- New data may suggest a link between increased gaming and reduced underage drinking, drug use and sex.
- The data comes from the CDC via Twitter and Reddit.
- While the link is tenuous at best, it presents a positive outlook on the effects of gaming.
It seems like every generation of video games has some sort of moral panic surrounding it. From Mortal Kombat to Hot Coffee, gaming is never safe from the moral guardians.
Well, it might be time for those guardians to relax a bit. Data seem to suggest that spending more time gaming is stopping teens from drinking, smoking and having sex.
Now if video games could go and make them less boring too we’d all be happy. (That was a joke.)
No Sex, Drugs or Rock & Roll for Gamers
The original data come from the Centers for Disease Control (CDC), though the chart above comes to us straight from Reddit via Andrew Chen on Twitter. The chart illustrates a massive reduction in teen drinking and drug use around the time when extensive gaming became common.
It’s interesting to note that 2009 was also the time that Minecraft came out. This may suggest that virtual building, farming and mining is more fun than getting hammered on drugs and alcohol – at least for teenagers.
Whether this means that video games are the new counter-culture, or if they’ve killed teenage rebellion altogether, is unclear. Either way, it seems that parents should probably start to take a more relaxed attitude to their teens playing a lot of games. Unless they’re watching Ninja, obviously.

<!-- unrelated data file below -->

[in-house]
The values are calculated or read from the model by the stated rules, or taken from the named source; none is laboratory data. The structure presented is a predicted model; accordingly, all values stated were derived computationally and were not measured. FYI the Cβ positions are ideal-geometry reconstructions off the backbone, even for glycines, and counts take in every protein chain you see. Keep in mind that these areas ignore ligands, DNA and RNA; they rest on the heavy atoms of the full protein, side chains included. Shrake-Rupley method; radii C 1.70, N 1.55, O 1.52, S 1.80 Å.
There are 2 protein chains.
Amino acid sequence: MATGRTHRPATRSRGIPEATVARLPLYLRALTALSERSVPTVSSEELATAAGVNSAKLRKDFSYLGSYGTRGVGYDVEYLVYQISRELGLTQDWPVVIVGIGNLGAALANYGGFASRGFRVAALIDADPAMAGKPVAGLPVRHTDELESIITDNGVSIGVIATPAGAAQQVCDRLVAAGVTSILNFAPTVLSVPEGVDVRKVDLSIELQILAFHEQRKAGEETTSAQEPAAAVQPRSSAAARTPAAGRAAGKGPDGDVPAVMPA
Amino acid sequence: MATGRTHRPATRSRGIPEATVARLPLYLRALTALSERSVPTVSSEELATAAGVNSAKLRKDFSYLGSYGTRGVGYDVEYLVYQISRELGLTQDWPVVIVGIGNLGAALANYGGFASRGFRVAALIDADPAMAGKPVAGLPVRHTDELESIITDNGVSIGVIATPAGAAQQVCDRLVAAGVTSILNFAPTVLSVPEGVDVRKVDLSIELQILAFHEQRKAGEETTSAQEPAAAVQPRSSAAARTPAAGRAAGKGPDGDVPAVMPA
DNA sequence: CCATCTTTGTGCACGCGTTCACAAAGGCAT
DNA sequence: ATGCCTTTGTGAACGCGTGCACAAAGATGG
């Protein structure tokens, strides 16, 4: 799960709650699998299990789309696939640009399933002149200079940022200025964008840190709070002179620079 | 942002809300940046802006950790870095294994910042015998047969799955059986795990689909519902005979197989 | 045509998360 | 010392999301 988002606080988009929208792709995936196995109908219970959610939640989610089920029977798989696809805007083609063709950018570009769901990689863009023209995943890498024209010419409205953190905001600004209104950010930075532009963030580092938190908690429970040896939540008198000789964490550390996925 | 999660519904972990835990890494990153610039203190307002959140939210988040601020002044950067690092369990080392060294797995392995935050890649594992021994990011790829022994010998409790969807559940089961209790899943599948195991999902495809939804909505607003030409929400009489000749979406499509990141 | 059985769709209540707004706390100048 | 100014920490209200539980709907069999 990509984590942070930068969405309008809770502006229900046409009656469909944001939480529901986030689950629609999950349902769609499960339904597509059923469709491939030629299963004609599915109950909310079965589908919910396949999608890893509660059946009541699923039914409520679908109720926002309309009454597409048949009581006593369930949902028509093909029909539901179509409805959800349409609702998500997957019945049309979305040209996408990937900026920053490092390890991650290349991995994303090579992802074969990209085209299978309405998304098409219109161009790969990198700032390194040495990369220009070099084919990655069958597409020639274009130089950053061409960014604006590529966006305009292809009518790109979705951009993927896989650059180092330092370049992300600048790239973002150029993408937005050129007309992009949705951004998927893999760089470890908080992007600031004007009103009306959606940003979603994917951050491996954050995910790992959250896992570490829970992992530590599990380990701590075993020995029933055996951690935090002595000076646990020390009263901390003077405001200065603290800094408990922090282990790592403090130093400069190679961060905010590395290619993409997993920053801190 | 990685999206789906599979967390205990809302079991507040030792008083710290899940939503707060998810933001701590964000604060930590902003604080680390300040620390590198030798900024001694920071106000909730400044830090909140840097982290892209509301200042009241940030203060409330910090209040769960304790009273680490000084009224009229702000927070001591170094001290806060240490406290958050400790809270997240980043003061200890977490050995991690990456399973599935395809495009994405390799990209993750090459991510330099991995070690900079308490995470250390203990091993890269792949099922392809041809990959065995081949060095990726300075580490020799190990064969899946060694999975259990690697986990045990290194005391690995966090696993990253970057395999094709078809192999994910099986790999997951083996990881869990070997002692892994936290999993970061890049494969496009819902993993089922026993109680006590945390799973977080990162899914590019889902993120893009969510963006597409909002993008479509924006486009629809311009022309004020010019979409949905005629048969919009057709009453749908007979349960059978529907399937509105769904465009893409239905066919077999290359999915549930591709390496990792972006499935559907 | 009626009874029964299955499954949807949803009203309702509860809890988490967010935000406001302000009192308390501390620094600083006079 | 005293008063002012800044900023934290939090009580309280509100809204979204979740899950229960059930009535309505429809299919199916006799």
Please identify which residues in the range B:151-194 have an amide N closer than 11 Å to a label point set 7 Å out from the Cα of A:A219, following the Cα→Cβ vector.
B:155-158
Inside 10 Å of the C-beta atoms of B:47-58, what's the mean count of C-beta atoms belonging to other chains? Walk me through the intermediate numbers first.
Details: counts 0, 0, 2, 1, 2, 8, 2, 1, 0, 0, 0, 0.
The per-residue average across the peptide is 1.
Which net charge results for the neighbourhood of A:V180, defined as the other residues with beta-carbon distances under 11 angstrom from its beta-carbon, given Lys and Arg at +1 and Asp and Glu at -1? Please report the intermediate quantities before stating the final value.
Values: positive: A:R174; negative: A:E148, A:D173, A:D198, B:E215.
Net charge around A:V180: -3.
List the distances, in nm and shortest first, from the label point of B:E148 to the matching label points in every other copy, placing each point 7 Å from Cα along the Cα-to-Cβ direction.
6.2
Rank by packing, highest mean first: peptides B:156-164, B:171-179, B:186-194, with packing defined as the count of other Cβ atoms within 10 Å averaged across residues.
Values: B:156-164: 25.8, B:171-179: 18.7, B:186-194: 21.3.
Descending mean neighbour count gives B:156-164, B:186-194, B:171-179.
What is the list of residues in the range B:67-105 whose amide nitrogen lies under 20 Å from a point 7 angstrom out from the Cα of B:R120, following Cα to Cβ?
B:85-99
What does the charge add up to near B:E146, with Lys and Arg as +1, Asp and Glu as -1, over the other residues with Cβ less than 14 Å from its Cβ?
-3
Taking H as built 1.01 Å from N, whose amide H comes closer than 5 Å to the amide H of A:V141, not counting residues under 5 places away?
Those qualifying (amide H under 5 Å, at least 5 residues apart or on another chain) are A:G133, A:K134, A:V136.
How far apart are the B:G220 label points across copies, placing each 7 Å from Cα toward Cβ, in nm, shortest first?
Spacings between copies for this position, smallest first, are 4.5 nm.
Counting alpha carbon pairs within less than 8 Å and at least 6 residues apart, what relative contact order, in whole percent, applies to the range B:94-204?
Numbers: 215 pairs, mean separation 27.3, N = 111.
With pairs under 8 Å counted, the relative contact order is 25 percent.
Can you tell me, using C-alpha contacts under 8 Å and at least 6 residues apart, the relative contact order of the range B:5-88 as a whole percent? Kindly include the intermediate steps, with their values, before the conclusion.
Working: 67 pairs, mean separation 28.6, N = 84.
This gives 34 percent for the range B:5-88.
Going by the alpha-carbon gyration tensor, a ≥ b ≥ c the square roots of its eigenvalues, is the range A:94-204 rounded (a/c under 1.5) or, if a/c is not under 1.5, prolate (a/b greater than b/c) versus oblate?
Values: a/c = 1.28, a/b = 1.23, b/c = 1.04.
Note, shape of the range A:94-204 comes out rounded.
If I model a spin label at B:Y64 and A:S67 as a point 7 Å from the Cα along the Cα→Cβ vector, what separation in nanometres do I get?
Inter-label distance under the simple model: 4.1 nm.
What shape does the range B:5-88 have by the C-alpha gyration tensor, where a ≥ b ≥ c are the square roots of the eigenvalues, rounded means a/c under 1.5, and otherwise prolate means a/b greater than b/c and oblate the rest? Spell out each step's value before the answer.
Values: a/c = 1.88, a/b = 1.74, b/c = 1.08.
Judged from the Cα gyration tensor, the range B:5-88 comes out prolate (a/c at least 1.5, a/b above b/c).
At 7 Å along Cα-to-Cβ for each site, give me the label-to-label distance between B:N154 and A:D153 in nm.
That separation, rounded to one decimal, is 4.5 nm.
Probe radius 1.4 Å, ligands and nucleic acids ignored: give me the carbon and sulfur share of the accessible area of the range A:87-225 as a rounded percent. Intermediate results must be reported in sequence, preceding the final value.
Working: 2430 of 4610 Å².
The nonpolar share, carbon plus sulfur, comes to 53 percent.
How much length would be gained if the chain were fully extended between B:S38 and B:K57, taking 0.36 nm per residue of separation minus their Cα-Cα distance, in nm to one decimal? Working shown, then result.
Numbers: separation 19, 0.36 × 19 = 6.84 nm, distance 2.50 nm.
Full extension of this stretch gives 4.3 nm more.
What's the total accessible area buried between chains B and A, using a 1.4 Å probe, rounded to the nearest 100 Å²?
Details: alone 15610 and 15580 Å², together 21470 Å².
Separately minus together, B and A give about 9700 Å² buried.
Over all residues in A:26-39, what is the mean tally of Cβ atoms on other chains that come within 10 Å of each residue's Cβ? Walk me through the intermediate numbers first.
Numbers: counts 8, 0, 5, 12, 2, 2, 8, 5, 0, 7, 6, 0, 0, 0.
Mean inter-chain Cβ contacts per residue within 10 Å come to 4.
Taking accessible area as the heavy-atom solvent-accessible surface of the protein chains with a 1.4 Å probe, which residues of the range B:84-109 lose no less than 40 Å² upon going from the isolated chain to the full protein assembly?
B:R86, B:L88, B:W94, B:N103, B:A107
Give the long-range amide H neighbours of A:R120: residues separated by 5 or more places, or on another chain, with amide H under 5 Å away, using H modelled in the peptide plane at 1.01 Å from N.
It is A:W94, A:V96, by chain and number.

Does This Actually Mean Anything?
There’s always the chance that these data doesn’t mean that video games are actually helping. It’s possible that other factors are having an effect, or that teens are just figuring out that lying is easier than admitting to drug use and drinking.
It would be just as easy to suggest that watching less TV has reduced negative behaviors in adolescents. To many, this argument doesn’t hold a lot of water. It would nice to see other studies done on this matter so that the results are taken more seriously.
Either way, it’s nice to have something to rebut moral outrage with. Let’s just hope that no one figures out how to spin this back into a negative again.
Disclaimer: The opinions expressed in this article do not necessarily reflect the views of CCN.com.
This article was edited by Samburaj Das.
Last modified: February 27, 2020 7:57 AM UTC